The National Organization for Women is the largest organization of feminist activists in the United States. NOW has 500,000 contributing members and 550 chapters in all 50 states and the District of Columbia. Since its founding in 1966 by Betty Friedan the author of "The Feminine Mystique", NOW's goal has been "to take action" to bring about equality for all women. Both the actions NOW takes and its position on the issues are often unorthodox, uncompromising and ahead of their time.
NOW activists use both traditional and non-traditional means to push for social change. NOW activists do extensive electoral and lobbying work and bring lawsuits. They also organize mass marches, rallies, pickets, non-violent civil disobedience and immediate, responsive "zap" actions. NOW re-instituted mass marches for women's rights in the face of conventional wisdom that marches were a technique that went out with the 1960s. A march in support of the Equal Rights Amendment drew more than 100,000 people to Washington, D.C. in 1978. NOW's March for Women's Lives drew 750,000 supporters to Washington, D.C. in 1992, for the largest abortion rights demonstration ever. In 1995, NOW organized the first mass demonstration to focus on the issue of violence against women -- and drew a quarter million people to the Mall. The 1996 March to Fight the Right in San Francisco drew more than 50,000 activists to kick off an electoral season focused on efforts to defend affirmative action.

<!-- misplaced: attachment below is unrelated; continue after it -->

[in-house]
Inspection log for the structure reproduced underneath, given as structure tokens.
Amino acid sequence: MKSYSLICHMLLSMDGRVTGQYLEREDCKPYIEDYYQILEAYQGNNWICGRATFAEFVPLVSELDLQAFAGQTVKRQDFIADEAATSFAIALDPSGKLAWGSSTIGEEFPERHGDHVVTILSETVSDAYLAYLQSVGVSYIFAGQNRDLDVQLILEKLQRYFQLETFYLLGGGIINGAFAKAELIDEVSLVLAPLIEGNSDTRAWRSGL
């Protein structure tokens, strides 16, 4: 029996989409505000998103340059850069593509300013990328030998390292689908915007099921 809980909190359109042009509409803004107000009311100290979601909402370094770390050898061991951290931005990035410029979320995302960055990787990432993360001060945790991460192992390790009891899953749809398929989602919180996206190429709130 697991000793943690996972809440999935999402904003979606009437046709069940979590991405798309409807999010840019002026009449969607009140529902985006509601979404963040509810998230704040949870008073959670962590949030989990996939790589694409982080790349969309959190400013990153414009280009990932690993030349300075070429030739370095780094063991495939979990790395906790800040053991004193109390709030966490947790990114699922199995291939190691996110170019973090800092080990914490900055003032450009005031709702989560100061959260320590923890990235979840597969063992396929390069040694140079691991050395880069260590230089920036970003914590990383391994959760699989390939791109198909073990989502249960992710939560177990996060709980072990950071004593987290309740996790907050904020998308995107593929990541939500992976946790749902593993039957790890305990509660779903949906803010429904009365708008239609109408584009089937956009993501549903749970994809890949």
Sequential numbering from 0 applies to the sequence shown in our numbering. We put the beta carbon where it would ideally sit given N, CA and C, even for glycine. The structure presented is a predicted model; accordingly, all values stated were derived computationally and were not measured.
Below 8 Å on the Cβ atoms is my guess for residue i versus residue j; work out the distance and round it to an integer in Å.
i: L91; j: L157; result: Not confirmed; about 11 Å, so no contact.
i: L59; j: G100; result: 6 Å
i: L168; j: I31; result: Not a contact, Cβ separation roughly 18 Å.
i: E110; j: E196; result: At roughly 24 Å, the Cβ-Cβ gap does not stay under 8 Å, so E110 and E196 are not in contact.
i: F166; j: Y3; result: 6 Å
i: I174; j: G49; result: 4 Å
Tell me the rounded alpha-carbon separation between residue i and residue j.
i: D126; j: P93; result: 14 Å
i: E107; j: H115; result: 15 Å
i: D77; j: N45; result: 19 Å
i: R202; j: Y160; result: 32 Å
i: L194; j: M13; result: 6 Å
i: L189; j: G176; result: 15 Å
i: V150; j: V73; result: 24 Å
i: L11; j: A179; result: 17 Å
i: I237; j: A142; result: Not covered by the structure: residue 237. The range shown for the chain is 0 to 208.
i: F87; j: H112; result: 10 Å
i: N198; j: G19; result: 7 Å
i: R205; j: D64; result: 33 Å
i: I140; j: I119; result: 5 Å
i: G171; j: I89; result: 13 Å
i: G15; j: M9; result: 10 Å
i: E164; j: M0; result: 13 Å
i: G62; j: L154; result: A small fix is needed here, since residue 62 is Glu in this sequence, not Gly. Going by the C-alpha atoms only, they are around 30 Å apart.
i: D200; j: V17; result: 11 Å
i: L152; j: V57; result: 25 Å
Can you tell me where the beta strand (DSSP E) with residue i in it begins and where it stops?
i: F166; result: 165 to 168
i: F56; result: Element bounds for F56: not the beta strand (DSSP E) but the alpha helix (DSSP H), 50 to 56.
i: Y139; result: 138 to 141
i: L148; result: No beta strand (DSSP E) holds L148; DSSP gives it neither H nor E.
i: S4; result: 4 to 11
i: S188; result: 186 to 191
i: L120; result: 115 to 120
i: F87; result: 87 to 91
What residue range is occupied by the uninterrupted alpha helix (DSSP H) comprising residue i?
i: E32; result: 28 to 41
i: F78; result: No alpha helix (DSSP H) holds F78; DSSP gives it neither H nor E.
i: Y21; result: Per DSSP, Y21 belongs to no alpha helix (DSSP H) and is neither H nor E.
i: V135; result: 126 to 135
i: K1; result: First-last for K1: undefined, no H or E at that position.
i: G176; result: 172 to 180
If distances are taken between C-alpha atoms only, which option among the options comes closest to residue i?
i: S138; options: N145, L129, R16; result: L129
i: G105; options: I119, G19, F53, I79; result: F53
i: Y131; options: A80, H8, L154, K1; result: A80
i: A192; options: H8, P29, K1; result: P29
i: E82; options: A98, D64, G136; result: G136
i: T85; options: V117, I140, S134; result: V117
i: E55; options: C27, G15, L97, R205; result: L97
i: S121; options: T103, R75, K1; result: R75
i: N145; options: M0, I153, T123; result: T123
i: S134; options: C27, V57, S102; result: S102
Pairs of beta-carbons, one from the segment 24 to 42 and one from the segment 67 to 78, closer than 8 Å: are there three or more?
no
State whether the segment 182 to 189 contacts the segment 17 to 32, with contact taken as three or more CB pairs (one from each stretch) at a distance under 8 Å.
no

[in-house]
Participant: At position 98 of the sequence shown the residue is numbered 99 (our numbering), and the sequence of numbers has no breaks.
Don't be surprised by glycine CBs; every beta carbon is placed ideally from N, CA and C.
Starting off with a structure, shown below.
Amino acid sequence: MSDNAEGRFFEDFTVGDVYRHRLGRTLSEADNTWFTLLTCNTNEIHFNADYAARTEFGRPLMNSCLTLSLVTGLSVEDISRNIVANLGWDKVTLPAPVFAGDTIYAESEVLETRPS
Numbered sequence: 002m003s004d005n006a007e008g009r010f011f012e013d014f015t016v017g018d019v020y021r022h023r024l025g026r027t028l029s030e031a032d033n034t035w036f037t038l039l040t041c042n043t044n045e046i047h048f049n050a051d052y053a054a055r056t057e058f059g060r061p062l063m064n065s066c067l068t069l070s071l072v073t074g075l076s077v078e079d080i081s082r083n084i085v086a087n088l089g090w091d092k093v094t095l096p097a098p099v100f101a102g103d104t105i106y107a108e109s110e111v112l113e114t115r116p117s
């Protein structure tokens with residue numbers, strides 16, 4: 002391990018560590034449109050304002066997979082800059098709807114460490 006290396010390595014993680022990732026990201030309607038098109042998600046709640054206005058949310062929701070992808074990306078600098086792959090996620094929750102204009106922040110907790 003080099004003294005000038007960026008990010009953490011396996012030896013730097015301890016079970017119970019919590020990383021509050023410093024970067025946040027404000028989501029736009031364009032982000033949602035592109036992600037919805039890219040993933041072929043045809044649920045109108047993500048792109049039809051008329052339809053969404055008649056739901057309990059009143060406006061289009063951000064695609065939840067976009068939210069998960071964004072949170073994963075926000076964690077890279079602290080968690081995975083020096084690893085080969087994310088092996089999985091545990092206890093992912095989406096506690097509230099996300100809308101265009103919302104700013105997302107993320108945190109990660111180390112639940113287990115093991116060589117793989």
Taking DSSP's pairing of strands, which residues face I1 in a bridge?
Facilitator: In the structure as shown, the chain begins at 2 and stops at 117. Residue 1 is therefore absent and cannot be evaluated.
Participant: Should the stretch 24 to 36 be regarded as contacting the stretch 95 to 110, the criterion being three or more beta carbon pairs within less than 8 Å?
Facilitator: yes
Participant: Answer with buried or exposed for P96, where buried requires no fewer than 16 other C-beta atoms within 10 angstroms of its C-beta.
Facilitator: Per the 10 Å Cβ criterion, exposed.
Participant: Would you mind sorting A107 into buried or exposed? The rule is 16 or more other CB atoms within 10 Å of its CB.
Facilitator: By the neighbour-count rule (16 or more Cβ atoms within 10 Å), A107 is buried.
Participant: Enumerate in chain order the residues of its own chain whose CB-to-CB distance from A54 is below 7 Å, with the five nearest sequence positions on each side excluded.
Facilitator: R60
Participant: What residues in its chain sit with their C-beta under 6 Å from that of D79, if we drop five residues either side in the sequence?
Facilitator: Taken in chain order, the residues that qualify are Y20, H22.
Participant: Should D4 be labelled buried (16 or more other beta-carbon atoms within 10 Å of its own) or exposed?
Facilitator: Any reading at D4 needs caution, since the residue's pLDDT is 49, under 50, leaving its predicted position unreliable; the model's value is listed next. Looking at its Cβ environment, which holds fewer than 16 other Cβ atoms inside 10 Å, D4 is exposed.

These ongoing efforts established NOW as a major force in the sweeping changes that put more women in political posts; increased educational, employment and business opportunities for women; and enacted tougher laws against violence, harassment and discrimination. NOW's official priorities are winning economic equality and securing it with an amendment to the U.S. Constitution that will guarantee equal rights for women; championing abortion rights, reproductive freedom and other women's health issues; opposing racism and fighting bigotry against LGBTQIA+, and ending violence against women.